Next on the list get rid of those MEP’s in 2014 and his MP colleagues in 2015 and a few more councillors and members on the way and the job is done.

  • Wouldn’t that depend on the new PM who would be able to chose ministers ?

  • Stephen, I think your analysis is right on track. Although being no fan of Nick Clegg, now is not the time for change.

  • If Theresa May finally manages to oust the posh boy in the blue tie, she will most certainly, give very short shrift, to the posh boy in the yellow tie.

  • I agree with Stephen. A year ago, I would have predicted that Nick Clegg would step down a few months before the general election. Partly on an assessment of the political landscape, but also a casual remark Clegg himself made about his “political life”. It looks less likely now.

    It does not look likely that Cameron will be manoeuvred out, but not impossible I think if a scandal (- something Murdochy or big finance perhaps – but ) touched him personally, he would be quickly out.

    I expect there are contingency plans, which basically are to stick rigidly to the coalition agreement. It is the personal difficulties that would be the biggest problem. So far with the exception of some rather silly remarks from Gove and not many others there has been little in the way of ministers briefing against other ministers; in fact less than occurred under Labour. This could change.

  • This story becomes more interesting in the light of today’s news that the Australian Labor Party have dropped their leader, Julia Gillard, who has now resigned as Prime Minister to be replaced by her precursor, Kevin Rudd.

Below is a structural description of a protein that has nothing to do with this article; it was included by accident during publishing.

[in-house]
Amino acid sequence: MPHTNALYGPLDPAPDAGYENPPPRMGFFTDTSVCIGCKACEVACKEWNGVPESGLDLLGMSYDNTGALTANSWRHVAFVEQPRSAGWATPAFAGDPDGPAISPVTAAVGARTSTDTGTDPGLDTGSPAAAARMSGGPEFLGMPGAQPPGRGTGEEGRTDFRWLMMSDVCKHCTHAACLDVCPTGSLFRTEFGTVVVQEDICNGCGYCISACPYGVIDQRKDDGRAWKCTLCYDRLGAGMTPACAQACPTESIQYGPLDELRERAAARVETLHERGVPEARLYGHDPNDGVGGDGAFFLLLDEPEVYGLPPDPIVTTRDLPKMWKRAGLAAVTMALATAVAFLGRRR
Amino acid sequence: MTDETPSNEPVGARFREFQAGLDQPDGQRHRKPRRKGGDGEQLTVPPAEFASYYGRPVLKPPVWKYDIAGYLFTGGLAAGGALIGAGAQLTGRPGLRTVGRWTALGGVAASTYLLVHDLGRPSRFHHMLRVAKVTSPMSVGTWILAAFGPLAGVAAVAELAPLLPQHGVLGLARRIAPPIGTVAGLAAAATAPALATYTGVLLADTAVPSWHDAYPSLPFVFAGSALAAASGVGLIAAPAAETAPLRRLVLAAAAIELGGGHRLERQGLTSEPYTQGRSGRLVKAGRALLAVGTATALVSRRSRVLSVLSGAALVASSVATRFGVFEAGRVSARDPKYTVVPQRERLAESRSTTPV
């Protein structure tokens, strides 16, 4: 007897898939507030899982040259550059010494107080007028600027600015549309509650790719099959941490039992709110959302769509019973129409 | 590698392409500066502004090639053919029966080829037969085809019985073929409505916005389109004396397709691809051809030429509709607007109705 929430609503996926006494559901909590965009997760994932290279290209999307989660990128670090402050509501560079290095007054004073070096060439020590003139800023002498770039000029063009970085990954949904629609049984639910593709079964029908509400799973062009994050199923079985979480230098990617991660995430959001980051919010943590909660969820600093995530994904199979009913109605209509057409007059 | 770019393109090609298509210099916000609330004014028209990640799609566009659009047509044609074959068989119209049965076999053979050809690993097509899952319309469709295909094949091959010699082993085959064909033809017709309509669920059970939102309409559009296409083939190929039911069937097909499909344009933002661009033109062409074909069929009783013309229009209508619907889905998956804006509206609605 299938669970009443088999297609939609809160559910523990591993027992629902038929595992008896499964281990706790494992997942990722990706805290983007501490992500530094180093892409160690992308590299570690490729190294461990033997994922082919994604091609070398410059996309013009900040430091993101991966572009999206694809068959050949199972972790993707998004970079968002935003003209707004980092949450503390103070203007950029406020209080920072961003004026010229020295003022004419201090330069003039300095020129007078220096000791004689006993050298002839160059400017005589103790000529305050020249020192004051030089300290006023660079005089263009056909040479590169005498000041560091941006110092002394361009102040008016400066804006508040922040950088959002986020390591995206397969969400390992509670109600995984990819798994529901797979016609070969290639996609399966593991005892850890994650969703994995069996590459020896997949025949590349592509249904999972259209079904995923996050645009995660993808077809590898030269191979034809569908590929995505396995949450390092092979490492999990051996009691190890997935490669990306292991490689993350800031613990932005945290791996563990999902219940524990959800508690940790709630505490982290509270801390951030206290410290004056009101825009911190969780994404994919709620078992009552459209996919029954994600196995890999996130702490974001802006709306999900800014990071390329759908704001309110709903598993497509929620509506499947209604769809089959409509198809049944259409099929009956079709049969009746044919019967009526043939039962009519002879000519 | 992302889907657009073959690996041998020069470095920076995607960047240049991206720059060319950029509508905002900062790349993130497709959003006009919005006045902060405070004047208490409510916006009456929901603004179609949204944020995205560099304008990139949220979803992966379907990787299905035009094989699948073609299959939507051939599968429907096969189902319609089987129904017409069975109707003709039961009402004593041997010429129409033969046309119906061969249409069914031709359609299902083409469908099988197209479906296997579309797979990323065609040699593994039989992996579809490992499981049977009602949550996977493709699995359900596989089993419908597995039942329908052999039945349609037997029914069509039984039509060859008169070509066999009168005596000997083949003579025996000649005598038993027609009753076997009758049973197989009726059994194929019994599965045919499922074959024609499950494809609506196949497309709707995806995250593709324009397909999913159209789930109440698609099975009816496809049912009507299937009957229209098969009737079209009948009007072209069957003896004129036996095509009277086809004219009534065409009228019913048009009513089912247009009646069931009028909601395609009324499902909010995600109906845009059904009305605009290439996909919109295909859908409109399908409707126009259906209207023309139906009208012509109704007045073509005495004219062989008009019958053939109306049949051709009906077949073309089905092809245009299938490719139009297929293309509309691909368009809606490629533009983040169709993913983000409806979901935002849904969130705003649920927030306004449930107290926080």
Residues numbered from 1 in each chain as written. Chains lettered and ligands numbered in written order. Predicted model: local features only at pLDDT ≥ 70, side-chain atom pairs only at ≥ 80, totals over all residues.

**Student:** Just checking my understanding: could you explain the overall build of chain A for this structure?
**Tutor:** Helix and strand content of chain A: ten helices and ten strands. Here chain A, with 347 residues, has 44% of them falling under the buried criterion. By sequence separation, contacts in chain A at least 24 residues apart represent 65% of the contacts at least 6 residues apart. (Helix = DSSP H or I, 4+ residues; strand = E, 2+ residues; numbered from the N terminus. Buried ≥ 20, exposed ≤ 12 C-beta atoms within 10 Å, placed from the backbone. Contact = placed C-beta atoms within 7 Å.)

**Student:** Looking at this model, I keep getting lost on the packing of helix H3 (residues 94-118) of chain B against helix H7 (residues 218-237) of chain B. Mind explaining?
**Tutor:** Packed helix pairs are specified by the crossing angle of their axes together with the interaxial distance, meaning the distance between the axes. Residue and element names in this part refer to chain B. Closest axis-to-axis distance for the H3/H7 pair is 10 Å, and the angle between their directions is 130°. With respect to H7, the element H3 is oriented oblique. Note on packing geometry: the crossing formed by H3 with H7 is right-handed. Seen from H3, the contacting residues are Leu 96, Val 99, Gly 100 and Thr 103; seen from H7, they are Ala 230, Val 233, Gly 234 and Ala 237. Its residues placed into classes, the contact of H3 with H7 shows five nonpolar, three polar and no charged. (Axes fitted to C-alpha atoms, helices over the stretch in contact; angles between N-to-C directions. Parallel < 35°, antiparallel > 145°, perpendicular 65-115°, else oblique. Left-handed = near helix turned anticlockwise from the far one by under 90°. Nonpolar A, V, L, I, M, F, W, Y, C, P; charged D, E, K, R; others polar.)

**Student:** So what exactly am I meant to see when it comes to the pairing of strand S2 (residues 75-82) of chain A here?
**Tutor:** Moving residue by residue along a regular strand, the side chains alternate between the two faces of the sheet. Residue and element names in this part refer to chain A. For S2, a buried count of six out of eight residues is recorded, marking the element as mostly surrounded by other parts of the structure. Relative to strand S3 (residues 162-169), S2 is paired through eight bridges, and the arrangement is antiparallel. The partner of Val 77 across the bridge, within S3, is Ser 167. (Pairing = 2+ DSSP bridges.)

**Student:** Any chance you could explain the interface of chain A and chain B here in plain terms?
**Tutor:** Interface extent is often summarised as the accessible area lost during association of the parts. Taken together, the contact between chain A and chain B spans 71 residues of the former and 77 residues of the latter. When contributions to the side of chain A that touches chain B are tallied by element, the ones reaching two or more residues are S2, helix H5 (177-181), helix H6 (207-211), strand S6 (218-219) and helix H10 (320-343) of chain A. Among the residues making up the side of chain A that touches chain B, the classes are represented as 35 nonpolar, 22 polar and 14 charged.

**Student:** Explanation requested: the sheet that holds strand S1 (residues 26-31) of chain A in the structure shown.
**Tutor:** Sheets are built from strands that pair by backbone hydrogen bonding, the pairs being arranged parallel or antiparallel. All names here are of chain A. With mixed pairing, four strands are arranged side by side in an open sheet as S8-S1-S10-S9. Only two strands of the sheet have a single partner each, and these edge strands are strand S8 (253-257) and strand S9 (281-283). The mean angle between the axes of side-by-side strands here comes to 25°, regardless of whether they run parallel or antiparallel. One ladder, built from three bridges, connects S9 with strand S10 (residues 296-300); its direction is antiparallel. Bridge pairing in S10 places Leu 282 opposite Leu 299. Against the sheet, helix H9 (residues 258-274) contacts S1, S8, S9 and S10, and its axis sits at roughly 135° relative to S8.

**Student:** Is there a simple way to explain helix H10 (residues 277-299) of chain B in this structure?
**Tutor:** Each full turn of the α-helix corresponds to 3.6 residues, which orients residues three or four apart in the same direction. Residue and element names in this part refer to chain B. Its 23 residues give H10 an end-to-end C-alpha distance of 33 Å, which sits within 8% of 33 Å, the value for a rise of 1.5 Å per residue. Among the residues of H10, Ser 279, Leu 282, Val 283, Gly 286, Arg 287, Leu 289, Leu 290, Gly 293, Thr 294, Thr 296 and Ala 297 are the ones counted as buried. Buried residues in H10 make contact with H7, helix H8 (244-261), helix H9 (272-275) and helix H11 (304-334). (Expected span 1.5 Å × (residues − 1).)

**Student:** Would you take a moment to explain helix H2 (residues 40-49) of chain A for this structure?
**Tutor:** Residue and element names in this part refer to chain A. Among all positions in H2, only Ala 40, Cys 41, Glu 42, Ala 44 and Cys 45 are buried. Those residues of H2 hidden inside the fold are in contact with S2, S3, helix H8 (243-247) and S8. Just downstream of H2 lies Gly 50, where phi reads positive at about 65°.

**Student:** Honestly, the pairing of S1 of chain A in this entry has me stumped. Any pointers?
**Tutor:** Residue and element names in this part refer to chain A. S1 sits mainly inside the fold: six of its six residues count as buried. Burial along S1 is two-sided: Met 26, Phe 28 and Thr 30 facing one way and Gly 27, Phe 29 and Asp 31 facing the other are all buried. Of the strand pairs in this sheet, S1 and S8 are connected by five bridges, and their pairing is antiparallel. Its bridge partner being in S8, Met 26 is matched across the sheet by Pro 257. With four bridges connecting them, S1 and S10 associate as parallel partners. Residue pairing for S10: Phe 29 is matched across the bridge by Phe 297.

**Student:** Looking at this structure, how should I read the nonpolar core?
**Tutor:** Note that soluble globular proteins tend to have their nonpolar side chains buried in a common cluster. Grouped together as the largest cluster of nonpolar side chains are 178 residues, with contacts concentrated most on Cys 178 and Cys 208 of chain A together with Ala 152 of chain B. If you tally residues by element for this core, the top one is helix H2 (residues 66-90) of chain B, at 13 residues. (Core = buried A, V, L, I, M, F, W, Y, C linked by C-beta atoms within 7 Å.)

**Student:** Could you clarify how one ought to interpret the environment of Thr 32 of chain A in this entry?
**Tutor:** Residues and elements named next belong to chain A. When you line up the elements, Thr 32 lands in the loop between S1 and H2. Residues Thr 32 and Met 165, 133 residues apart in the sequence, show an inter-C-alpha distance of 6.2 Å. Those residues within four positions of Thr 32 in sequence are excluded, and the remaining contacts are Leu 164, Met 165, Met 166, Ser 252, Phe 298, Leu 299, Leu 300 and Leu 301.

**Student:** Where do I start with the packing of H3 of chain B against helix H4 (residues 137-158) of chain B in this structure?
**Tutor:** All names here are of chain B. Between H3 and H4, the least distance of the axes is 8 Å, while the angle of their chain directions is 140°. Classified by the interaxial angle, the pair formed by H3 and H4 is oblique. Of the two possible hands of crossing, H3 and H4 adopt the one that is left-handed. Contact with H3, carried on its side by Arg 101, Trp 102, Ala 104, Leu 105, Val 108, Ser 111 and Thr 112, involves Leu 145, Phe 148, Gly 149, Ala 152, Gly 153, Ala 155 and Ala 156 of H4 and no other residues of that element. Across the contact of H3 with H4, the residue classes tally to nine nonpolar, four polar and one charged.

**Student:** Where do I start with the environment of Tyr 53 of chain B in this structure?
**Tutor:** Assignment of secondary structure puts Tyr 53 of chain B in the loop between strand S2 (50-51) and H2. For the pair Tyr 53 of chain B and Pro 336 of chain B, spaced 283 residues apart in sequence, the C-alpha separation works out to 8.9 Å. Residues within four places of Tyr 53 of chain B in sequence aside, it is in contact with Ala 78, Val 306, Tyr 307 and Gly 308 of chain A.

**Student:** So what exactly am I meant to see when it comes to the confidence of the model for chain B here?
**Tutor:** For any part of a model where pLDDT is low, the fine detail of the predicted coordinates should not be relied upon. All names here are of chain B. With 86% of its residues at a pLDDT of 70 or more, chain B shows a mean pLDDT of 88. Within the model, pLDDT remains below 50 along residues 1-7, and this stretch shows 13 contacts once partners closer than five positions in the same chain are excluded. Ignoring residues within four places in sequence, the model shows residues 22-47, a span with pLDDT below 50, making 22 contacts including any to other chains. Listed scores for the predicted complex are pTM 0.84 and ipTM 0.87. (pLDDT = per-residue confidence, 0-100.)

This development comes from a series of disastrous polls showing many ALP members likely to lose their seats in the forthcoming elections. Evidently the members of the parliamentary party made a pragmatic decision that they stood a greater chance of retaining their seats under Rudd’s leadership than under Gillard’s.
    It’s an interesting question as to whether either the Conservative or the Liberal Democratic membership would show the same type of pragmatism. My estimate is “probably not” — that both parties have looked at the polls and determined that the potential losses are uncertain and at any rate bearable; but it’s possible that members’ minds will become more focused as the 2015 election date approaches.

  • A Social Liberal 26th Jun '13 - 11:40pm

    Peter Tyzack

    It isn’t a media agenda, they are facts – or are you comfortable with the party haemorrhaging activists and losing councillors. Unless the public narrative is very much mistaken, the party is going to take massive hits in the next two years and, even though I am no longer in the Lib Dems, the thought of it angers and saddens me deeply.

  • John Whitney 27th Jun '13 - 6:58am

    Dear Sir,
    I absolutely agree with you I am also a disenchanted Lib Dem member who will definitely vote Labour at the next election. As a Social Democrat I joined the SDP back in the 80’s with great expectations and under Paddy Ashdown and Charles Kennedy the party was moving in the right directions increasing it’s vote and MP’s.